Liebowitz: International medical schools can provide needed doctors

Posted 12/7/20

COVID-19 has revealed once again how short our nation is of doctors.

To Our Valued Readers –

Visitors to our website will be limited to five stories per month unless they opt to subscribe.

For $5.99, less than 20 cents a day, subscribers will receive unlimited access to the website, including access to our Daily Independent e-edition, which features Arizona-specific journalism and items you can’t find in our community print products, such as weather reports, comics, crossword puzzles, advice columns and so much more six days a week.

Our commitment to balanced, fair reporting and local coverage provides insight and perspective not found anywhere else.

Your financial commitment will help to preserve the kind of honest journalism produced by our reporters and editors. We trust you agree that independent journalism is an essential component of our democracy. Please click here to subscribe.

Sincerely,
Charlene Bisson, Publisher, Independent Newsmedia

Please log in to continue

Log in
I am anchor

Liebowitz: International medical schools can provide needed doctors

Posted

COVID-19 has revealed once again how short our nation is of doctors.

Early in the pandemic, several governors called on retired physicians to return to the workforce. Medical schools allowed students to graduate ahead of schedule and begin working and training in hospitals. States loosened licensing restrictions to allow physicians from other locales to practice within their borders.

These temporary measures helped battle the pandemic in the short term. But they’re not a sustainable way to address the U.S. doctor shortage.

Simply put, America needs more doctors. International medical schools can safely provide them.

The pool of practicing physicians is shrinking. Over the next decade, two in five doctors will be old enough to retire. Taking care of our growing, aging population will require 139,000 additional physicians by 2033, in specialties ranging from geriatrics to surgery.

U.S. medical schools have been unable to respond to this looming increase in demand for doctors. Overall enrollment has risen just 7% in the past five years. In the 2019-20 application cycle, U.S. institutions received nearly 900,000 applications but enrolled fewer than 22,000 students.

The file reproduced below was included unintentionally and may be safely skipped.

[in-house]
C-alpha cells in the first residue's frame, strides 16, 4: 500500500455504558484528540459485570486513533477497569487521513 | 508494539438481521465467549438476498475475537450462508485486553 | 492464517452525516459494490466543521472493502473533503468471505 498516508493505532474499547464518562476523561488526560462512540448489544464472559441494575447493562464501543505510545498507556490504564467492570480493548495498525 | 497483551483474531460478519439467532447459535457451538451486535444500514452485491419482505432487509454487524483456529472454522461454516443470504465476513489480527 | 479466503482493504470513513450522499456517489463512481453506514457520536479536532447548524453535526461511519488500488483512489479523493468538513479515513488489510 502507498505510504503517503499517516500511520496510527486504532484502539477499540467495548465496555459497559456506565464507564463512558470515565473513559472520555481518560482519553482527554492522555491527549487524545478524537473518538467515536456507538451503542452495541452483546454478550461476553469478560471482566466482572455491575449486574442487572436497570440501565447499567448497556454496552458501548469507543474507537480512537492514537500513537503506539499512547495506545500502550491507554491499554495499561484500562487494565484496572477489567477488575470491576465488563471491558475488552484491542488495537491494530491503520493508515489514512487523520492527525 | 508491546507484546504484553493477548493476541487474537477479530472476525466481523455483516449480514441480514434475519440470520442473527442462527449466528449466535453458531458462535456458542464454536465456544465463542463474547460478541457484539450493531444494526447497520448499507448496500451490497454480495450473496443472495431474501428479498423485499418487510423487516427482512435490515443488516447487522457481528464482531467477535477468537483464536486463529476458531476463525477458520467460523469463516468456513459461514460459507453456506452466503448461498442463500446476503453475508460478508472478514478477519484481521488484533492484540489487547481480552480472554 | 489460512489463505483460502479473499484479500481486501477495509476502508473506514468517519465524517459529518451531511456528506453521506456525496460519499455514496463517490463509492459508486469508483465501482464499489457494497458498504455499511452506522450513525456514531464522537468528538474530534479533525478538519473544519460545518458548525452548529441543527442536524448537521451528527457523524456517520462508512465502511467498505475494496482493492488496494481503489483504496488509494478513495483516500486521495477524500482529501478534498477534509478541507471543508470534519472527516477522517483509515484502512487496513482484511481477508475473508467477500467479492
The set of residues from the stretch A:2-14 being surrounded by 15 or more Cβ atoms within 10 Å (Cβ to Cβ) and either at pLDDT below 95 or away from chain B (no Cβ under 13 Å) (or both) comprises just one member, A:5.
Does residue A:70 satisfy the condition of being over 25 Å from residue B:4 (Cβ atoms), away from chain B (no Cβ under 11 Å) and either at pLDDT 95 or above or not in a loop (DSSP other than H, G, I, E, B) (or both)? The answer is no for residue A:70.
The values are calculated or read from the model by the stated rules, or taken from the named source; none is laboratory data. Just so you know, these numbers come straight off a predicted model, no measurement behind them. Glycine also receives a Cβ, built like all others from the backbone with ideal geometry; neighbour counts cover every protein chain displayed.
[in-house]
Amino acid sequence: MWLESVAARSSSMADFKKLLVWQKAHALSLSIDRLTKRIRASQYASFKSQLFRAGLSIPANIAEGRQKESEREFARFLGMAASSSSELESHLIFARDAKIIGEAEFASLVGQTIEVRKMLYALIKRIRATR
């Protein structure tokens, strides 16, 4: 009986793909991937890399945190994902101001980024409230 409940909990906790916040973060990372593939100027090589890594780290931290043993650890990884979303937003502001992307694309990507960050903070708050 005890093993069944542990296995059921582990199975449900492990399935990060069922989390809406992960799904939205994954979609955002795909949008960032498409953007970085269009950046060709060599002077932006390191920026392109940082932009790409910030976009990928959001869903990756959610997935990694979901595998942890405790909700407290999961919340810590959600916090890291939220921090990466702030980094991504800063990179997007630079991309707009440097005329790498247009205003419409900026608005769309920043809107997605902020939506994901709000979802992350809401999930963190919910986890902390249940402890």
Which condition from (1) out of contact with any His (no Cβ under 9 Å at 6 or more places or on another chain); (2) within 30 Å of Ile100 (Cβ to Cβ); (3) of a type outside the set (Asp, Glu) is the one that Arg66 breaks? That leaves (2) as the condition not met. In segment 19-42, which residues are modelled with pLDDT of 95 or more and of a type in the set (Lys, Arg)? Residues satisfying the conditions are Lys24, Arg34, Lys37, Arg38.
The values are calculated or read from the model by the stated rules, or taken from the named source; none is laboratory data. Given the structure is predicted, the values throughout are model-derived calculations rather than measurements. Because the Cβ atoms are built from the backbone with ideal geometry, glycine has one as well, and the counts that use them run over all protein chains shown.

Consequently, thousands of promising U.S. students who would make excellent doctors are victims of a cruel numbers game. According to a 2019 survey from U.S. News and World Report, the average acceptance rate at 122 U.S. medical schools was just 6.7%.

And the odds of admission could grow even longer, as the pandemic motivates people to consider careers in medicine.

“There will be a new generation of health care workers inspired by the heroes they have seen battling the COVID-19 crisis on the front lines,” said Dr. Sarah K. Wood, senior associate dean of medical education at the Schmidt College of Medicine at Florida Atlantic University.

International medical schools can help alleviate this educational bottleneck. Already, thousands of U.S. citizens head abroad for their medical training. And that number has been growing in recent years.

Three-quarters of students at the school I lead, St. George’s University in Grenada, are U.S. citizens. Most of them return home to the United States to practice; more than 1,000 started residencies in the United States this summer.

Some international medical schools can offer an education that’s every bit as rigorous as that available at U.S. schools. Graduates of the best international schools pass the U.S. Medical Licensing Exam, which is necessary to practice in the United States, at rates equivalent to those notched by U.S. medical grads.

In fact, there’s some evidence that international medical graduates provide higher-quality care than their U.S.-educated counterparts. A 2017 study found that Medicare beneficiaries who received treatment from international medical graduates (IMGs) actually had lower mortality rates, compared to U.S.-educated doctors.

IMGs also tend to work in underserved communities, where the doctor shortage is most acute. More than 40 percent of doctors in particularly poor areas are IMGs. Over one-third of physicians who work in predominantly minority neighborhoods were educated abroad. This work is especially important now, as people of color have been hit hardest by COVID-19.

COVID-19 has stretched America’s physician workforce to its limit. U.S. medical schools aren’t graduating enough doctors to meet the country’s needs. International medical schools can fill the gap.

Dr. Richard S. Liebowitz is vice chancellor of St. George’s University (www.sgu.edu).

Comments